Author Topic: Haunts and history in Barnstable Village  (Read 307 times)

Jake
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Haunts and history in Barnstable Village
« on: June 20, 2012, 03:51:40 am »
The Boston Globe (Boston, MA)
10 June 2012
Ellen Albanese
 
Being a US Marine was the scariest part of Derek Bartlett's life - until he started hunting ghosts on Cape Cod. As the founder of the Cape and Islands Paranormal Research Society, Bartlett conducts nightly tours of haunted and historical sites in Barnstable Village, which is, he says, the most haunted place on the Cape per square foot.

The Hyannis resident founded the society in 2001; in 2004 it became incorporated as a nonprofit organization. Ghost hunting doesn't require a formal education, he says, just "an open mind, willingness to learn, and a lot of reading power." Bartlett, 40, claims that in the last eight years he has been "punched, kicked, and forced to the ground by unseen hands."

Bartlett offers two evening programs. Two-hour Haunted History Tours put the emphasis on historic sites in a mile loop along Old King's Highway (Route 6A), referencing the occasional ghosts associated with them. Ghost Hunters Tours, which run three hours, include an hour at a local cemetery, where participants get to use sensory equipment, such as voice recorders, to detect paranormal activity.

On our Haunted History Tour we stopped at the Barnstable County Court House, where we learned that it was James Otis who coined the phrase "No taxation without representation"; Crocker Tavern, still haunted by Aunt Lydia's ghost; Sturgis Library with a 19th-century signature etched into a window pane; and Cobb Hill Cemetery.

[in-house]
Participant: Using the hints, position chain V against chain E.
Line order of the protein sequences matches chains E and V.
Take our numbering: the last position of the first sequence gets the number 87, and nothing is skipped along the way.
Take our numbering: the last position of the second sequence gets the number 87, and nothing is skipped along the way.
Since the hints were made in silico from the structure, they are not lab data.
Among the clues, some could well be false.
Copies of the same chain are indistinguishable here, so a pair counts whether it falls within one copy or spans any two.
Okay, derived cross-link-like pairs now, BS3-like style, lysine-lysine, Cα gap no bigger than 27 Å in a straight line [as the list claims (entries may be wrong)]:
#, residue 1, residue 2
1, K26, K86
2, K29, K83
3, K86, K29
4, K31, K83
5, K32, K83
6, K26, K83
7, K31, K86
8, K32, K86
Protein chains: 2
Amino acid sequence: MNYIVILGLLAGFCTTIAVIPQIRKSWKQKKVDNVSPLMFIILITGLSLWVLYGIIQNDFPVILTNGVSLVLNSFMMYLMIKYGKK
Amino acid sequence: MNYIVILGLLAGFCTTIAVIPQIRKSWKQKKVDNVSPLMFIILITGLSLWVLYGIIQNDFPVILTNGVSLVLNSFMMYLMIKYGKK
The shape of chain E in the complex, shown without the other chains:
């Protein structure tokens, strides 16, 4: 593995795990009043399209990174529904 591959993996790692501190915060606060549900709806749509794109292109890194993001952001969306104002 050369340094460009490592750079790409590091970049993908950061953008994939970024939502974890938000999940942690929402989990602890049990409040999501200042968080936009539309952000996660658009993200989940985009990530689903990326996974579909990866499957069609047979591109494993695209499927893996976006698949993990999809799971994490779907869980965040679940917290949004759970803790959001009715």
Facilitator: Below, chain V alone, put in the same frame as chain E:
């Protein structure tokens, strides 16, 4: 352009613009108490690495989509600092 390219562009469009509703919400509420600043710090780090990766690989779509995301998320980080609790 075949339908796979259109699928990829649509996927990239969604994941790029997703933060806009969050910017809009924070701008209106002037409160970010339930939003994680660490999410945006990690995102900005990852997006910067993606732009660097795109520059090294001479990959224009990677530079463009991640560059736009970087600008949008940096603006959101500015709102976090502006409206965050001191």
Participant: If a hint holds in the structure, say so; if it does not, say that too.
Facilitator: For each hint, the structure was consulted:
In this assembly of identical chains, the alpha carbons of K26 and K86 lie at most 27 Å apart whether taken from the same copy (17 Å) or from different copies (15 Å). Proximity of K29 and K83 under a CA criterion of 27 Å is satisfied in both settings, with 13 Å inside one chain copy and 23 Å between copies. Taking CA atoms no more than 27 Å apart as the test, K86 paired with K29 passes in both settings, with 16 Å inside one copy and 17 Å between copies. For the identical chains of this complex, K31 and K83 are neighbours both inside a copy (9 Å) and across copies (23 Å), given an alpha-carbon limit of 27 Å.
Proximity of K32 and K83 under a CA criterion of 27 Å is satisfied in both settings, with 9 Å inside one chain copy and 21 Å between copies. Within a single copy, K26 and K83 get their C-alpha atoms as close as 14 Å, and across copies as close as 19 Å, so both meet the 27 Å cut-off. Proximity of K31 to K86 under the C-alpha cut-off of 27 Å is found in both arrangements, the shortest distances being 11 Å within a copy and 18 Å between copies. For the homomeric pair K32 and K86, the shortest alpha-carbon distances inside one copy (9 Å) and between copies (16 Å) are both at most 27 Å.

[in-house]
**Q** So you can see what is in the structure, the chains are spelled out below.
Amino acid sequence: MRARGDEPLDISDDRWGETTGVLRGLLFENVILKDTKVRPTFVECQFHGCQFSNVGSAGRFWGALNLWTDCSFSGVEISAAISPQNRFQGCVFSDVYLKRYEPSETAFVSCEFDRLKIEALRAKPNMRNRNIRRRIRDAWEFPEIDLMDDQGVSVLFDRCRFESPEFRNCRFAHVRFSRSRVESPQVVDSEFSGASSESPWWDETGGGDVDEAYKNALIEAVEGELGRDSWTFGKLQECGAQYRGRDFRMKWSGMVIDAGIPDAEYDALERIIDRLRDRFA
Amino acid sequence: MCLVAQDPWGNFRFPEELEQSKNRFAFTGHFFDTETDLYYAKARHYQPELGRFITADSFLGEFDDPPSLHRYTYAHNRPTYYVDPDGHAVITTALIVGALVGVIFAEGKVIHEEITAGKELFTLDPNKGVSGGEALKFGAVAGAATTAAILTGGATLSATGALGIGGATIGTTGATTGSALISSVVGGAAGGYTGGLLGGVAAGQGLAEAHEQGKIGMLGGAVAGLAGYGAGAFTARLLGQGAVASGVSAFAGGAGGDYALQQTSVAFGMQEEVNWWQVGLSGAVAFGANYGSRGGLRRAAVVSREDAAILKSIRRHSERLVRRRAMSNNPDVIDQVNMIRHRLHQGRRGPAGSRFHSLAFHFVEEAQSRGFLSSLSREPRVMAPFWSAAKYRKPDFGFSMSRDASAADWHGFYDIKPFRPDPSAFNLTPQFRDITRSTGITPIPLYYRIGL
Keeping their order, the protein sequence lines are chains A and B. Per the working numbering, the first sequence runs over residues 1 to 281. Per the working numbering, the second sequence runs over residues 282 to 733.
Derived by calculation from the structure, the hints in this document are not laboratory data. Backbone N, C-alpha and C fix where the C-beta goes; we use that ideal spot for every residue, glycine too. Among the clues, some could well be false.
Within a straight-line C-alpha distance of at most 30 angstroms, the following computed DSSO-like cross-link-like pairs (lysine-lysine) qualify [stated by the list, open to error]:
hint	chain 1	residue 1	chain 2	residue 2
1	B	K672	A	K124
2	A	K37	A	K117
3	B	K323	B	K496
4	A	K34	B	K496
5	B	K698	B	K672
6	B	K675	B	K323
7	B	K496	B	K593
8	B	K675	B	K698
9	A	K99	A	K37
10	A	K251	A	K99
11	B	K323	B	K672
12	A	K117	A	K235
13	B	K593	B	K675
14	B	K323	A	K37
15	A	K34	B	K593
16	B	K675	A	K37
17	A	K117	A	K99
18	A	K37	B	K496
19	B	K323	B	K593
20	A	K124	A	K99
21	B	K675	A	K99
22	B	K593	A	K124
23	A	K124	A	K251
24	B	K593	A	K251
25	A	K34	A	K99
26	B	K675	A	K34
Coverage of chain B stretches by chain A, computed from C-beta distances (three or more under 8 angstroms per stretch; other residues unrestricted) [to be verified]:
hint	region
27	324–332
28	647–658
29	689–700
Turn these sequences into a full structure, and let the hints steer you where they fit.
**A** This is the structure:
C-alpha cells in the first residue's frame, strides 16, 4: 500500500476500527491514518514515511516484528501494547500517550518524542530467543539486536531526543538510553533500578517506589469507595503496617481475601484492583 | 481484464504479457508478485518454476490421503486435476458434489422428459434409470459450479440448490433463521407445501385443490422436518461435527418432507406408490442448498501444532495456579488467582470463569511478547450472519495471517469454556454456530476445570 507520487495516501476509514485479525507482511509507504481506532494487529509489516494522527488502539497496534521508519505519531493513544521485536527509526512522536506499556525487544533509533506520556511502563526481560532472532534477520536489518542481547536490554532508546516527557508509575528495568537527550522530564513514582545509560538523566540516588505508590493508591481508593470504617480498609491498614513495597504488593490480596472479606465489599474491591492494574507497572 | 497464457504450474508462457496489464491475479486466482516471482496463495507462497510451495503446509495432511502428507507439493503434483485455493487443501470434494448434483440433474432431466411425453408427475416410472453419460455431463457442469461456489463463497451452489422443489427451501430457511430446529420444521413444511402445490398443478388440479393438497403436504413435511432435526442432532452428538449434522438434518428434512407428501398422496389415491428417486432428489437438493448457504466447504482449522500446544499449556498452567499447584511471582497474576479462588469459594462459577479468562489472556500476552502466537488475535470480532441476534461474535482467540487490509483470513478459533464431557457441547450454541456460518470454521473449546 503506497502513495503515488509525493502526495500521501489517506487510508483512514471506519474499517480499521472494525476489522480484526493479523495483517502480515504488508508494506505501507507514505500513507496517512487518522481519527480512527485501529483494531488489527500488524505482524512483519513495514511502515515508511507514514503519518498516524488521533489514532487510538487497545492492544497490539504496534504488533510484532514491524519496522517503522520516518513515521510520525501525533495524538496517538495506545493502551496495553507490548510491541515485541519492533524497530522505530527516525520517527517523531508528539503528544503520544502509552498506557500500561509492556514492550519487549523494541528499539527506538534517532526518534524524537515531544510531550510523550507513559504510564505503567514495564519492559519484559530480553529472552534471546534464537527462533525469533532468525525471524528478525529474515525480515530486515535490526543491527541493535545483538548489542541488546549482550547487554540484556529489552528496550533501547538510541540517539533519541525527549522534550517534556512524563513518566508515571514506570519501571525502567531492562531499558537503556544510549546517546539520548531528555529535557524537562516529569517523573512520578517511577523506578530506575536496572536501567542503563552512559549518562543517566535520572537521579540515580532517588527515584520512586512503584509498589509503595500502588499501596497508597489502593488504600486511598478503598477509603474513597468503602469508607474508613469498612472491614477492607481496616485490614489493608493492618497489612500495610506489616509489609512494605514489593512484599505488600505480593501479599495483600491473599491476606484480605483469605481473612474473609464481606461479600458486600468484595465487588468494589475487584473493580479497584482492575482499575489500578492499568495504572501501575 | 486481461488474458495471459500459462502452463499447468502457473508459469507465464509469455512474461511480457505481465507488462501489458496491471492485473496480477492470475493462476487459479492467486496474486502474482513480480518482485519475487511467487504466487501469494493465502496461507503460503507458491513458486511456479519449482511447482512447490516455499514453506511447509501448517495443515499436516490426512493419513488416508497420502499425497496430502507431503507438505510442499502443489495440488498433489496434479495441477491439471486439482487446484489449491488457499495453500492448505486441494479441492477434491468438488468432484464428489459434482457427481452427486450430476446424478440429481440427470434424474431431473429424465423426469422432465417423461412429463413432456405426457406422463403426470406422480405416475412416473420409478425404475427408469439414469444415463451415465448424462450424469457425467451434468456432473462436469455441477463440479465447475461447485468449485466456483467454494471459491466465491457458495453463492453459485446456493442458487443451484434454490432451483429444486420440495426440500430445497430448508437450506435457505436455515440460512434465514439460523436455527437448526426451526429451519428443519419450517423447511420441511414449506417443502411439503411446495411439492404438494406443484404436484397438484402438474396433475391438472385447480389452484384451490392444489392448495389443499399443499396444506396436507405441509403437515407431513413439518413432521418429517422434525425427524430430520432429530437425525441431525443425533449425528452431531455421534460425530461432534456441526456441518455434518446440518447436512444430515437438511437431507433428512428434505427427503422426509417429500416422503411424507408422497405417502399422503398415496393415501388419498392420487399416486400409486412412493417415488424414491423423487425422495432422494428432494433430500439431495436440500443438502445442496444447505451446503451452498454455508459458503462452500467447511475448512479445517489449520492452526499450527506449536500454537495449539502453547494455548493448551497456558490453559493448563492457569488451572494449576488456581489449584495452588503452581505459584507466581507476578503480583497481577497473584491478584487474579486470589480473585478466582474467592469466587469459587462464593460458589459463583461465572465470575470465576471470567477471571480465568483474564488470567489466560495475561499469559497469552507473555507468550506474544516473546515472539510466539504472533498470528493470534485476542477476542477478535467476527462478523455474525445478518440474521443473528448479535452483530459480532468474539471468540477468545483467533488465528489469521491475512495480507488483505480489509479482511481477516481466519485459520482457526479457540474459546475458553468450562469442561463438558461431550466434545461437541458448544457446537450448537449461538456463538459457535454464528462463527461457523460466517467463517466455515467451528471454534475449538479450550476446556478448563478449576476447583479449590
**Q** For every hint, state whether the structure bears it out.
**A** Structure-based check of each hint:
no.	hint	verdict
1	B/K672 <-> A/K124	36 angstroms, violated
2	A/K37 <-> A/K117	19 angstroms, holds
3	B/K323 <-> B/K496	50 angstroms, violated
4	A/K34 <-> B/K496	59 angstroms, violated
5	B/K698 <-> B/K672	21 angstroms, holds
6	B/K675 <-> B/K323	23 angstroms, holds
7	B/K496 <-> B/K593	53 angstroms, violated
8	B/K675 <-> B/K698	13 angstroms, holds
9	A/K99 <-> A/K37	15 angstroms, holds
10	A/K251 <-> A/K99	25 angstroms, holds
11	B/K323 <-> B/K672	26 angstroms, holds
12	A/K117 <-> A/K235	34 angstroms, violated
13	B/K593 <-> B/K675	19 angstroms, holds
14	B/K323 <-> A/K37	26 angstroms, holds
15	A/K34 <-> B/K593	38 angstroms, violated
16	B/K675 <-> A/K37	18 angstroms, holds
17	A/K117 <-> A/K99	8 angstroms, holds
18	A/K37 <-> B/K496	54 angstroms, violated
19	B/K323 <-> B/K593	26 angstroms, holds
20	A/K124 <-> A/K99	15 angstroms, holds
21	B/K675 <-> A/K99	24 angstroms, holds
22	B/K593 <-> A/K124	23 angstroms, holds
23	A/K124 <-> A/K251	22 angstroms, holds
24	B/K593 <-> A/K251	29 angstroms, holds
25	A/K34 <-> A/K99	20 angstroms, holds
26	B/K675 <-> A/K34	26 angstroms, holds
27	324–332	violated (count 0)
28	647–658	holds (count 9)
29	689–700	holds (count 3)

Steve Davis of South Yarmouth was taking the tour for the second time with his son, Tucker, 4.

Davis recalled that on the last tour, which he took with his wife just before Tucker was born, they had a strange experience at the cemetery. Standing in front of a gravestone in the dark, he said, "I felt something pulling me toward the stone, and my wife said she felt as though her feet were heavy and sinking into the ground." When Bartlett shined his flashlight on the stone, they saw that it was the resting place of someone named Davis.

Our final stop was the Old Jail. The conditions in which 18th- century prisoners were held, which Bartlett described in complete darkness, were truly frightening.

Bartlett admits there's not a lot of money to be made in ghost hunting or touring. He never charges for services or expenses when called upon to investigate a possible ghost sighting, and he has kept the prices for the tours the same since he started. He finances his avocation with a day job as a vendor for a line of lawn and garden supplies - a job that gives him summers off - and cleans buildings at night. He also speaks about ghost hunting and paranormal activities at colleges across the country.

In 2008 Bartlett persuaded the town of Barnstable to let his organization maintain and operate the Old Jail. In addition to opening it three days a week for tours, he rents it out by the hour on Saturday nights for overnights. He used to charge a flat fee for the night, he said, but so many people fled the premises early after paranormal encounters, he decided it was fairer to charge by the hour.

 

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